by Kevin Klombies, Senior Analyst

Monday, June 18, 2007

Chart Presentation: Wal Mart

We start off today with a comparison between the sum or combination of copper and crude oil futures prices, the Fed funds target rate, and the U.S. 2-year T-Note futures.

The idea here is that the peak for bond prices in 2003 went with the low point for the Fed funds rate. As copper and crude oil prices began to rise into 2004 upward pressure was placed in yields which eventually led to an increase in the Fed funds rate from 1% to 5.25% and a downward trend for 2-year T-Note futures.

We have argued that the cycle should work the same way in reverse with weakness in energy and metals prices leading to a peak in the Fed funds rate and a bottom for bond prices. We have also argued on many occasions that once copper and crude oil price reached a top- as was the case in mid-2006- the equity markets should ‘drive’ in relentless fashion for a least the next twelve months.

The argument makes reasonable sense given the steady ascent in the equity markets since last summer although the recent rally in commodity prices does create some measure of stress. If the thesis was based on the idea that interest rates would peak with commodity prices then obviously we are going to have to develop an alternate thesis if commodity prices rise to new highs with bond prices breaking to new lows.

The problem is that one pays a very high price for certainty. The markets tend to shift trends when it makes the least amount of sense so we are always on the look out for price action that goes against the general consensus view.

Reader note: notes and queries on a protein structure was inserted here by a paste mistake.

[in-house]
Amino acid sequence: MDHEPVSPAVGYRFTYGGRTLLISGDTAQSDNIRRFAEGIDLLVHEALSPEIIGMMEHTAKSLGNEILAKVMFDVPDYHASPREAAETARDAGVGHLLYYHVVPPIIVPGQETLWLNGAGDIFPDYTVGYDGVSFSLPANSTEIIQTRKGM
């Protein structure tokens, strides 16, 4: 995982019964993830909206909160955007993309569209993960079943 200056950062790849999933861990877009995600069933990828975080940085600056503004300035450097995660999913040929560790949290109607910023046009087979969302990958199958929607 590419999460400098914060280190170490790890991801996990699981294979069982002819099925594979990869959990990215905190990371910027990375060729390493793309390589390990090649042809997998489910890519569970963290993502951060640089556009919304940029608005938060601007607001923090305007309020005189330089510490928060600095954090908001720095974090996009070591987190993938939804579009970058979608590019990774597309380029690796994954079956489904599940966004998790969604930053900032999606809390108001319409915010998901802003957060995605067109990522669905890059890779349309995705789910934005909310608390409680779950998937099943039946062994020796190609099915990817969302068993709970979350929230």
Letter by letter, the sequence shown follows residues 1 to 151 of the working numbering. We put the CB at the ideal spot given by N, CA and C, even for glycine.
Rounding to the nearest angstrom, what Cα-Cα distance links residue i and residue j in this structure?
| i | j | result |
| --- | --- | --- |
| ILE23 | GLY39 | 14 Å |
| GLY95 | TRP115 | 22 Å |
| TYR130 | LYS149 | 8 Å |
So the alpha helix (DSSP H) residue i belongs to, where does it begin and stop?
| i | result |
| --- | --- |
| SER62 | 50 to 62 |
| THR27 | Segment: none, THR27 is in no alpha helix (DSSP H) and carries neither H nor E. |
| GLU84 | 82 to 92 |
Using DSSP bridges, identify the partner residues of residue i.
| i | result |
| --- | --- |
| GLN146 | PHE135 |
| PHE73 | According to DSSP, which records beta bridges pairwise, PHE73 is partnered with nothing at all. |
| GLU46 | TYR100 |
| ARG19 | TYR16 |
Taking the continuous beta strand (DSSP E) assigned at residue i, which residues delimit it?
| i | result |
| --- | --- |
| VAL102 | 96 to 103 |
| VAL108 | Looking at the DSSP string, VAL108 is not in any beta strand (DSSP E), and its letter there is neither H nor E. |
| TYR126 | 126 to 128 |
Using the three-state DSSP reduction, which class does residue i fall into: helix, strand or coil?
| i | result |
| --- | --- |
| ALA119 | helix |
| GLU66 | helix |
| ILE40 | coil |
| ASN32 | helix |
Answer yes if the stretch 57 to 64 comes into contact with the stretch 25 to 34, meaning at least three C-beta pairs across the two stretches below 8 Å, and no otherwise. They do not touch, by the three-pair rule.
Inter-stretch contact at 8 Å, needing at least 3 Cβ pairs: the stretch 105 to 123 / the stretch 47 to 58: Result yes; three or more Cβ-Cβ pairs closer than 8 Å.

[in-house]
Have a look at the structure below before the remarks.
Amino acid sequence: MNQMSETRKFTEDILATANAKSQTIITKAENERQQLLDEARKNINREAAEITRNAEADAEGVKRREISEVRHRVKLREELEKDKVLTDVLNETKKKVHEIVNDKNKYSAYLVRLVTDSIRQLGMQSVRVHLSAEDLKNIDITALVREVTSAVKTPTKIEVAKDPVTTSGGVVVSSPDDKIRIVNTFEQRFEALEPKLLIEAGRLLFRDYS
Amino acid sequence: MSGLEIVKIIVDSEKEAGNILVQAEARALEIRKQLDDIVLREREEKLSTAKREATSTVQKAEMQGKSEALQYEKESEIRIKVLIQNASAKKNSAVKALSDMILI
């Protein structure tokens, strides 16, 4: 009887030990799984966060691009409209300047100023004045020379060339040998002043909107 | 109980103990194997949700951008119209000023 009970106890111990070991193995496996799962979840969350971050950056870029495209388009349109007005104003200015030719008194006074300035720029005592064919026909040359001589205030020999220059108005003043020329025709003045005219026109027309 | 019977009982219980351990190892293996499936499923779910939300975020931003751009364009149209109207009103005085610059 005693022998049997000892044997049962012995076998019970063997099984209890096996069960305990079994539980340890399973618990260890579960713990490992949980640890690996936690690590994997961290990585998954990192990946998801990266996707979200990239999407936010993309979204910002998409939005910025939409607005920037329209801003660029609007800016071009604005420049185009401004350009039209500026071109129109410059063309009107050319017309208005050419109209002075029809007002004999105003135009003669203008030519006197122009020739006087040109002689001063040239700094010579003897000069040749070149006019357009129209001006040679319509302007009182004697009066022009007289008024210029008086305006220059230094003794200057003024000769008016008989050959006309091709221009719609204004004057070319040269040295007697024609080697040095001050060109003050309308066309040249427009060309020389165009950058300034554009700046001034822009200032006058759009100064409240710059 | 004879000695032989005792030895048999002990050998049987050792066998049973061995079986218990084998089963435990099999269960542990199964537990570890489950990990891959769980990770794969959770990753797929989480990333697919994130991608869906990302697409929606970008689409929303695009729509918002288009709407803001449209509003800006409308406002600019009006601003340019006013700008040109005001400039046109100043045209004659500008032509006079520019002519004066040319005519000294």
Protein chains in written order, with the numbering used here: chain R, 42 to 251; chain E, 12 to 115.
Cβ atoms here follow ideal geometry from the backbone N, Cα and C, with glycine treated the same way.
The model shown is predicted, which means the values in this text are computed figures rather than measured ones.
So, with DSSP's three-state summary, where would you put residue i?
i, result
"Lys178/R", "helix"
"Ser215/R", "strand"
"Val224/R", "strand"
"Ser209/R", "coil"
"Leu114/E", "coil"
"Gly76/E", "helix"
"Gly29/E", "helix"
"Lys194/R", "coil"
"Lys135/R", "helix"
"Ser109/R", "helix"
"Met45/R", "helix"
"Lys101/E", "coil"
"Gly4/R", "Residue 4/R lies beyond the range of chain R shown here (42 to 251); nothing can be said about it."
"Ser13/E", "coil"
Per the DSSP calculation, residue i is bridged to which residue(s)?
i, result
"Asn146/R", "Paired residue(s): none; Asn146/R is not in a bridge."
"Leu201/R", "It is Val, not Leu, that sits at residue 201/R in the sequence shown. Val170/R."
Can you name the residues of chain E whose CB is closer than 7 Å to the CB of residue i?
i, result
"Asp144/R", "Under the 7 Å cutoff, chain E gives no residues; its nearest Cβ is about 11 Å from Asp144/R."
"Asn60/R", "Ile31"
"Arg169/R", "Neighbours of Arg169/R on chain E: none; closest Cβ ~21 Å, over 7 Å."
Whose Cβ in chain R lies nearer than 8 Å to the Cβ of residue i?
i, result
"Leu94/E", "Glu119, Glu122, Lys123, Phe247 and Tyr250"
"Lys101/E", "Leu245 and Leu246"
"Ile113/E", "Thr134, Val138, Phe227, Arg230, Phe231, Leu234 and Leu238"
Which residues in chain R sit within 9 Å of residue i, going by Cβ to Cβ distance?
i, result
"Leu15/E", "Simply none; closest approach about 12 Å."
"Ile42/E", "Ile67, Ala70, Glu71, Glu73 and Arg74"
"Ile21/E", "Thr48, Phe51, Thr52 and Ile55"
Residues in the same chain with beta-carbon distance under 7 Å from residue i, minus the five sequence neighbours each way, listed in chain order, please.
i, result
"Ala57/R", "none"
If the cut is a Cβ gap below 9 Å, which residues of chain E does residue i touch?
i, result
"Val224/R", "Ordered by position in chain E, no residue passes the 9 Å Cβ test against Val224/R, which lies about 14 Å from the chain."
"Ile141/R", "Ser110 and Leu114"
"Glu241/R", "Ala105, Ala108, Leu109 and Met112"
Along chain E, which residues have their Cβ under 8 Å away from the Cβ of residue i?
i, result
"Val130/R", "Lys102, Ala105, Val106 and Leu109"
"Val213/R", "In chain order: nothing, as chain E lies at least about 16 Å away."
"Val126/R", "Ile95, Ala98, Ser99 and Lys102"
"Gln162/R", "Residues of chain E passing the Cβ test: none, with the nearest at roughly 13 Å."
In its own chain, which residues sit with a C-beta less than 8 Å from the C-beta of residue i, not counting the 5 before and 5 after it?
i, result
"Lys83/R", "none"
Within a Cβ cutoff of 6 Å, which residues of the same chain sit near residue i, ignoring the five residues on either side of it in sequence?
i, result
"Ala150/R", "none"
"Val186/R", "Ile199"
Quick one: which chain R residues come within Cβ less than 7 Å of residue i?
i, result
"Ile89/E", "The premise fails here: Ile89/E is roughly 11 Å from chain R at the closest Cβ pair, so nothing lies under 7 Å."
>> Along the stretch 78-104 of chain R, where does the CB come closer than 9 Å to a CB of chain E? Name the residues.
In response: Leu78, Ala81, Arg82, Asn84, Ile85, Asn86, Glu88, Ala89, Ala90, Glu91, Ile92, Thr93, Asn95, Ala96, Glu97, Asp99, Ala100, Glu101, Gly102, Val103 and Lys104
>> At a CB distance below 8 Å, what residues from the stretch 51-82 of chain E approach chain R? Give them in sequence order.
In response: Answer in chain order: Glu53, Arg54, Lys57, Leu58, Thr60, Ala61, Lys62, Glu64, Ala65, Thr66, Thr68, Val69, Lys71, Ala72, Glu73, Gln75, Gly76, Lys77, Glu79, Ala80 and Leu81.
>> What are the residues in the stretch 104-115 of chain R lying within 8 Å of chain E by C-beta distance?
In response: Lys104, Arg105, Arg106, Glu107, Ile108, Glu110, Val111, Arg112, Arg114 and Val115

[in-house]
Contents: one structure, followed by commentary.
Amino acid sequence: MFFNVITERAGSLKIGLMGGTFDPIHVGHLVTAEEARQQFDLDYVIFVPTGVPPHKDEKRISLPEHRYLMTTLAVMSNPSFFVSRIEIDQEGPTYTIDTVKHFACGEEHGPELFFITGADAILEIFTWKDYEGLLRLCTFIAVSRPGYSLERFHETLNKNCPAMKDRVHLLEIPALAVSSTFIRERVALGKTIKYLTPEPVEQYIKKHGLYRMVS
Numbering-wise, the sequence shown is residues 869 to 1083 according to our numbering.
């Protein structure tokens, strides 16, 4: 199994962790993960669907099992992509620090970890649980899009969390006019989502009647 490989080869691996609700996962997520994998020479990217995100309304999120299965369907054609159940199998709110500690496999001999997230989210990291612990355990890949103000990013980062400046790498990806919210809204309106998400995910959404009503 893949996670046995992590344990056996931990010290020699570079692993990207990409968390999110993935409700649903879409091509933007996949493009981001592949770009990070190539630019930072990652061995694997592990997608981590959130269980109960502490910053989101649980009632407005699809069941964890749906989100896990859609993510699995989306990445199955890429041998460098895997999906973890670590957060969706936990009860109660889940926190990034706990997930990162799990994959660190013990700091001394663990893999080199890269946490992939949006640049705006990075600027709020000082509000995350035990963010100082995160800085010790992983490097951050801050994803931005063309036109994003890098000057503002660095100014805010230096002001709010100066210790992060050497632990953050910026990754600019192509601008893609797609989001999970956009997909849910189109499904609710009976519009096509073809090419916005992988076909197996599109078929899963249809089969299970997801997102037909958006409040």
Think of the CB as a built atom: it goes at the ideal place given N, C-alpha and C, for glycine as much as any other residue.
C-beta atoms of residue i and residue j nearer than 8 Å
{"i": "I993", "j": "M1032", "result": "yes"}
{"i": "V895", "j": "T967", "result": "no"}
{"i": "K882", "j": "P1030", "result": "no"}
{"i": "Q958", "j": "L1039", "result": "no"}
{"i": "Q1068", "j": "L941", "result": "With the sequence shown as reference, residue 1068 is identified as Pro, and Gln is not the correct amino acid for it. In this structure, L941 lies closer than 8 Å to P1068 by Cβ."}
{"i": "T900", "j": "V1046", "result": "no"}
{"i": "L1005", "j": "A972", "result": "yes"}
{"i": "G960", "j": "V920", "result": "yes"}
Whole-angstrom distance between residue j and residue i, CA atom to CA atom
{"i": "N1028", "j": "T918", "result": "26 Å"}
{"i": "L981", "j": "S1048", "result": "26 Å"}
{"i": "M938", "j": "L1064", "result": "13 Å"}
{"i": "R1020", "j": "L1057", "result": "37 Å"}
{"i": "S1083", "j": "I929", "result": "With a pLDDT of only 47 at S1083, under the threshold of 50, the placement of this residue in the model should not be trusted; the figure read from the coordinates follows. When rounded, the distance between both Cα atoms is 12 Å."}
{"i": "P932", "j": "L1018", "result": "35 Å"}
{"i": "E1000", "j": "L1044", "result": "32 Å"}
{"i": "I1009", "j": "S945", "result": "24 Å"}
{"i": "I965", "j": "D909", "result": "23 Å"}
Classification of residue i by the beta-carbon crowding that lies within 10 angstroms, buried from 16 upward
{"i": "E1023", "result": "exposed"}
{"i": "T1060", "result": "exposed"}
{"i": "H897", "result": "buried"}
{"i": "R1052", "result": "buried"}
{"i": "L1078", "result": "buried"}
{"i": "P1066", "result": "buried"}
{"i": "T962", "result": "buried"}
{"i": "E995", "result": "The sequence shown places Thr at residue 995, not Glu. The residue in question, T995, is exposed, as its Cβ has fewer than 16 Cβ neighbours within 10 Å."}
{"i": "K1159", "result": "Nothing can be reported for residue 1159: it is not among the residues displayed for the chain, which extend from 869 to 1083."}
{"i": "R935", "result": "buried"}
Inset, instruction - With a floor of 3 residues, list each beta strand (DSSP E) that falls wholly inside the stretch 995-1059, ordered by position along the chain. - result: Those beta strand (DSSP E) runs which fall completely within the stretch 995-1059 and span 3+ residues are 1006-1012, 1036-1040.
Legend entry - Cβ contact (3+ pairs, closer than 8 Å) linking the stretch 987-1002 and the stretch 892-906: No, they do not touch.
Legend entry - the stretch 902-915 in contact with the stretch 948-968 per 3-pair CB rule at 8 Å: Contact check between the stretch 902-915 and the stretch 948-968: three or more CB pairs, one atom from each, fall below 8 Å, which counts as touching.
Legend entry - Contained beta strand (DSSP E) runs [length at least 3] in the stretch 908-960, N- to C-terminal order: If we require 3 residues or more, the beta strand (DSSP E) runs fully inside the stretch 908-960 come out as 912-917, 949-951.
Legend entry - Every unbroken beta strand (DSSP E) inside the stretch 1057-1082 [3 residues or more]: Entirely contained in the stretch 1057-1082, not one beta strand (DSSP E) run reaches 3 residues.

At bottom we have included a comparison between the U.S. 2-year T-Note futures and the stock price of Wal Mart (WMT).

We often argue that WMT trends with the U.S. dollar and bond prices and inversely to energy prices. At the moment we all know that energy prices are high and rising due in large part to a series of unplanned and seemingly inexplicable U.S. refinery shut downs. It may be that WMT’s recent price surge will fade away once again but the chart suggests the potential for a near-term bottom for bond prices that would be confirmed or at least indicated if WMT were to steady out and rise to new recovery highs. Our point is that there are many reasons for WMT to slump back below the moving average lines but if the rally continues then the message would be that energy prices and interest rates are once again ready to turn lower.



Equity/Bond Markets

The chart compares the U.S. 10-year T-Note futures with the ratio of copper futures to the CRB Index.

The copper/CRB ratio tends to peak at the bottom for long-term Treasury pries. In other words when copper prices are strong and rising the offset will be a rising trend for interest rates.

The bottom for bond prices in both 1989 and 1995 went with the peak for the copper/CRB Index ratio.

If we examine the recent trend we can see that bond prices have been working through a potential bottom ever since May of last year when the ratio reached a peak. The bottom line is that we can make a very positive case for bond prices right here and right now if and only if copper prices start to weaken relative to general commodity prices.

As we stated on today’s first page there is a very high price to be paid for certainty. By the time it becomes clear and evident that copper prices actually are declining many other markets will have adjusted prices accordingly.

The chart below shows copper futures and the ratio between the stock price of Intel (INTC) and the S&P 500 Index (SPX). Last week INTC was upgraded in part because the long price and market share war with AMD was coming to an end. Our view is that the market will only be interested in pushing INTC sustainably higher if the metals price trend is ready to turn negative. In other words the more positive the reaction to news for INTC the greater the odds that the copper prices are not going to new highs any time soon.

Below we show the ratio between Japanese and U.S. 10-year bond futures. As drawn the ratio has risen to the very upper edge of a declining channel. Our view is that it is possible for long-term Japanese interest rate to rise even as U.S. yields decline if the channel represents ‘the trend’. Put another way with the JGBs in the 131’s and the T-Notes in the 104’s we would expect to see prices move towards convergence through the balance of the decade.